cut off, as from the use of the word, Deuteronomy 25:12; 2 Samuel 4:12; 2 Kings 18:16; Jeremiah 9:26. And these vessels, when they were taken away from the temple, might very well be said to be cut off from it, because they had for so long time been so constantly, and as it were inseparably, united to it, and kept in it. In like manner,
the meat-offering and drink-offering are said to be cut off from the house of the Lord, Joel 1:9. And it is very improbable that they should deface and cut in pieces these magnificent vessels, which they could so easily transport whole to Babylon. Although, if some of the larger of them had been cut into two or more parts, yet the parts of them might be delivered to the Jews, who could, without great difficulty, restore them to their former unity and form.
Numbered them, i.e. he caused them to be delivered to the Jews by number.
Unto Sheshbazzar, i.e. Zorobabel, as appears by comparing Ezra 3:8, with Ezra 5:16, to whom the Persians, or rather the Chaldeans, had given this name of Sheshbazzar, as they gave other names to Daniel and his companions, Daniel 1:7.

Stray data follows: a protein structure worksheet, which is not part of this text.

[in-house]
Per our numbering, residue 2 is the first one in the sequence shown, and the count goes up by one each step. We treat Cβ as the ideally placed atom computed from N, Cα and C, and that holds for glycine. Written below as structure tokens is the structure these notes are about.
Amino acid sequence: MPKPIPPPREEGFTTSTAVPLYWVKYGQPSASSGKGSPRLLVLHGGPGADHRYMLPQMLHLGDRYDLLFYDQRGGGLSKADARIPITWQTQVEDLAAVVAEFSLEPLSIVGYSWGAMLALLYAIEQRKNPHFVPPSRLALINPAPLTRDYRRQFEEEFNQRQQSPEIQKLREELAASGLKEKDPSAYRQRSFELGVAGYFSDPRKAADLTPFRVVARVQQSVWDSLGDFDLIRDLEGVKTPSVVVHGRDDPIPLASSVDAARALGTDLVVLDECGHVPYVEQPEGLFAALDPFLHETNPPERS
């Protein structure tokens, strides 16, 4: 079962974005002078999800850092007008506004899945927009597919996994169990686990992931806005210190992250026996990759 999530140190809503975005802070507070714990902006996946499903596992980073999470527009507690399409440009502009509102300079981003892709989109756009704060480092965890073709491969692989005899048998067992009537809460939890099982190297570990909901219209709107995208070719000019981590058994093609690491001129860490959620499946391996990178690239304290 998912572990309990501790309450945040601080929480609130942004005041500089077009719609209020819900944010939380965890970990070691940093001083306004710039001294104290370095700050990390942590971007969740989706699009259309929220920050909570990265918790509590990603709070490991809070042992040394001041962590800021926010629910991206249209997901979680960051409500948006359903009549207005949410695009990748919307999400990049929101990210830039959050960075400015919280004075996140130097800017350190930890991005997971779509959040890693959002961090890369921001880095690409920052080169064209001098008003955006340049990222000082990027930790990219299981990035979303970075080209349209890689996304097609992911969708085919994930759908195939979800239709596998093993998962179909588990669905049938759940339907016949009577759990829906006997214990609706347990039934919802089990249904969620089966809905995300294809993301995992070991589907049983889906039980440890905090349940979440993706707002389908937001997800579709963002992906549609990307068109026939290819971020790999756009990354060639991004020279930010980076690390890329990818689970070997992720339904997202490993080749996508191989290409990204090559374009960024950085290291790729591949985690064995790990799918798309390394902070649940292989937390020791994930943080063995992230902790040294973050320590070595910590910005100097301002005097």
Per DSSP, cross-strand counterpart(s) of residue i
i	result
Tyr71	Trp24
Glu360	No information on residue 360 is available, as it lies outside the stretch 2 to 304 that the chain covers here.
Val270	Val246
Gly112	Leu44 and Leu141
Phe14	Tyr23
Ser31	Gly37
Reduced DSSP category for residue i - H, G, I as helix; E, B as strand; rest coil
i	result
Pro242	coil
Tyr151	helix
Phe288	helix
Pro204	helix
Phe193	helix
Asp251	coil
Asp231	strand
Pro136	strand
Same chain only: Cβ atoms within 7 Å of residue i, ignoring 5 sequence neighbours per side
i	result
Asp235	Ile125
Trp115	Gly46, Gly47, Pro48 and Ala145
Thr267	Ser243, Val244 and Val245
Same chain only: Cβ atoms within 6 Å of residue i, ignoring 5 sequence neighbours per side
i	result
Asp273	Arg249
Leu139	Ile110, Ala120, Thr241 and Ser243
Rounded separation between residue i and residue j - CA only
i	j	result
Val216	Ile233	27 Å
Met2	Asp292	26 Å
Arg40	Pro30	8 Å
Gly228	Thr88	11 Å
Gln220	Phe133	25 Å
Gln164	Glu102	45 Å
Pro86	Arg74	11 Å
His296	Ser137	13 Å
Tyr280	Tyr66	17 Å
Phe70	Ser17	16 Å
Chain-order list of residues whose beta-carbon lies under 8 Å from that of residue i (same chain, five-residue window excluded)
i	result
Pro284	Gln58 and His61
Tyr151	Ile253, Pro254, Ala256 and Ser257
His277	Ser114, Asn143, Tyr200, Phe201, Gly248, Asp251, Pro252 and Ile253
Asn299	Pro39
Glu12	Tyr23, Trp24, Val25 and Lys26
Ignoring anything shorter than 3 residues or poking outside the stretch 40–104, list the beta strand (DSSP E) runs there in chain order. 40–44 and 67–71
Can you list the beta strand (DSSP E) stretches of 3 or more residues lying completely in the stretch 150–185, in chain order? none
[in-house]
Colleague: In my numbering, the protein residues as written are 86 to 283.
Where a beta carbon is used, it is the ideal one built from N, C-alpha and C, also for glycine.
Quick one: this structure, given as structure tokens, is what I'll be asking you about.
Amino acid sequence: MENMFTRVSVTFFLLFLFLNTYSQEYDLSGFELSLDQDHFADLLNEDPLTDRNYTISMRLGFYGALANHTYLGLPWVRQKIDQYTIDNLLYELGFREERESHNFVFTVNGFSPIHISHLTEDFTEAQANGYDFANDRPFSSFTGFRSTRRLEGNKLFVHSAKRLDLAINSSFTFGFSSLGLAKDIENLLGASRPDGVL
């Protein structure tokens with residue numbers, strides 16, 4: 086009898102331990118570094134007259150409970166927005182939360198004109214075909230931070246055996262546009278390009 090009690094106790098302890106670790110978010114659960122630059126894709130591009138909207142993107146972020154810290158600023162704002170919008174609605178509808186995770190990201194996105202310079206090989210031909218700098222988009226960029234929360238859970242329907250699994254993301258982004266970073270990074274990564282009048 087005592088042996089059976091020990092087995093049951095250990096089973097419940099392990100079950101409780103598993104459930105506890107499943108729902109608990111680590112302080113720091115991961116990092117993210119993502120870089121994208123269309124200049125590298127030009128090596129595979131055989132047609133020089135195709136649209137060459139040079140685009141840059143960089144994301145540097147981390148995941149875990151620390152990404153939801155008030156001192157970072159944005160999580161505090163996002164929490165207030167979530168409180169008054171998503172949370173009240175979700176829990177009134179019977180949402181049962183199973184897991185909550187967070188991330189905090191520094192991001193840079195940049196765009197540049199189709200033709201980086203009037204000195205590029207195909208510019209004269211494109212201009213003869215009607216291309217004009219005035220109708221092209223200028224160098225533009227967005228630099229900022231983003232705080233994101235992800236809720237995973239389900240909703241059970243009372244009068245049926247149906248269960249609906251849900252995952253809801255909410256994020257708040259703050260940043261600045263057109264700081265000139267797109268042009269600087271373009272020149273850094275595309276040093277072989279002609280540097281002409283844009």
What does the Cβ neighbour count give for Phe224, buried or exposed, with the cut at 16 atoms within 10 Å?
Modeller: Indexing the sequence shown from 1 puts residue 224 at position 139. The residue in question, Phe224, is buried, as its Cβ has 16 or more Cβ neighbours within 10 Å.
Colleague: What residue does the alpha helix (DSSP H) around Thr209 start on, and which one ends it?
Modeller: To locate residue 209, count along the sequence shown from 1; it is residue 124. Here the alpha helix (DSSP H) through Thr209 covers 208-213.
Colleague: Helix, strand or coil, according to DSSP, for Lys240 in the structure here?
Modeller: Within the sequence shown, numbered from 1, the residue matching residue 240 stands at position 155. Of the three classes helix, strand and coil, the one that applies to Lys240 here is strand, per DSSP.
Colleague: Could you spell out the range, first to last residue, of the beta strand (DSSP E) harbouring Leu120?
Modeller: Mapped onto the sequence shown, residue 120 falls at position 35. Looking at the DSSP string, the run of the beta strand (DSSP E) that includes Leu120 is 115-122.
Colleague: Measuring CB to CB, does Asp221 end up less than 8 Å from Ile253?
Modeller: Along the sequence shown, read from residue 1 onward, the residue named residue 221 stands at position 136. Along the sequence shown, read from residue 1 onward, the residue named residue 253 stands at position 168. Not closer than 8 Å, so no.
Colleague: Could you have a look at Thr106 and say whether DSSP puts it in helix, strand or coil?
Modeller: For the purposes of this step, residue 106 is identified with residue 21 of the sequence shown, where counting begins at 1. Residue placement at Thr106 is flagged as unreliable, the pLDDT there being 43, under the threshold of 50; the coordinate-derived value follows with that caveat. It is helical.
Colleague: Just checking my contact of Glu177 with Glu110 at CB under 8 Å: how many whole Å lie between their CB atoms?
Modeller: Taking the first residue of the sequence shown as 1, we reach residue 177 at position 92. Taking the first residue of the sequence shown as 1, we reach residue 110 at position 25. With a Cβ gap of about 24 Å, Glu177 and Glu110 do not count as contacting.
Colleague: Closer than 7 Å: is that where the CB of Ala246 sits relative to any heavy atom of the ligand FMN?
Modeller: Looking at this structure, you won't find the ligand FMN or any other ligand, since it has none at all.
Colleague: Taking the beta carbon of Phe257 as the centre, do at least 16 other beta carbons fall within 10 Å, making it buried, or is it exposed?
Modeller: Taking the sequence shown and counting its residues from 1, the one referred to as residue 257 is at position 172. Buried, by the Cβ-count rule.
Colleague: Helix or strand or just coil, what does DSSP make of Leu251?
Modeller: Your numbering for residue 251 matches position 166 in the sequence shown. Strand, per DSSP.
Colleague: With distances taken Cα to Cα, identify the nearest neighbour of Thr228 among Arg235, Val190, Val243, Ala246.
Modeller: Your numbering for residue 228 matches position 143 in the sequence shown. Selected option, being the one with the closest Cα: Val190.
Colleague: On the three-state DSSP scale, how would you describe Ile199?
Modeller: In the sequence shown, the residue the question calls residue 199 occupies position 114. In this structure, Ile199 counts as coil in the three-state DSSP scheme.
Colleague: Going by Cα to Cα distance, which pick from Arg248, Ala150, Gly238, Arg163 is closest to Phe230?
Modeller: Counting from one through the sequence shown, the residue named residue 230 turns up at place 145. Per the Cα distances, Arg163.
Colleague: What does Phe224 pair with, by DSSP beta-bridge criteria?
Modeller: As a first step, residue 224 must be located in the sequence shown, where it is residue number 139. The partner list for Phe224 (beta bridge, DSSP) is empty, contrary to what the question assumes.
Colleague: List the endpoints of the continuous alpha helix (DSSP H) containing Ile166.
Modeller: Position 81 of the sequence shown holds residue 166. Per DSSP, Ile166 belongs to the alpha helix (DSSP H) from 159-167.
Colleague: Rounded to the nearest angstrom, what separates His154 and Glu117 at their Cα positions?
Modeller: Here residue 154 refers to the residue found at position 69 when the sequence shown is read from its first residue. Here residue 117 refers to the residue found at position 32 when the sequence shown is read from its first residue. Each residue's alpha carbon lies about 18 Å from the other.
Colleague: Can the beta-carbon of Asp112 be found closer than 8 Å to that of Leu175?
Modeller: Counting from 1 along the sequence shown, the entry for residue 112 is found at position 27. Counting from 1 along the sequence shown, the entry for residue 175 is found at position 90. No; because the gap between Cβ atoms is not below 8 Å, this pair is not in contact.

The prince of Judah, and the captain and governor of these returning Jews, Ezra 2:2. So the sceptre is not yet departed from Judah.
Large knives used in the killing of the sacrifices, which are here mentioned, because the hafts of them were made of or covered with gold or silver.
Basons of a second sort; the first or chief were of gold, and these of silver are called the second, or next to them of worth and use.
Other vessels a thousand: he speaks of vessels of a middle size; for great and small were five thousand four hundred, as it follows here. Or, as some render it,
other vessels by
thousands: they were not distinctly numbered according to their various forms and uses, but were promiscuously put together by thousands.
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Poole, Matthew, "Commentary on Ezra 1". Poole's English Annotations on the Holy Bible. https://www.studylight.org/
the Week of Proper 14 / Ordinary 19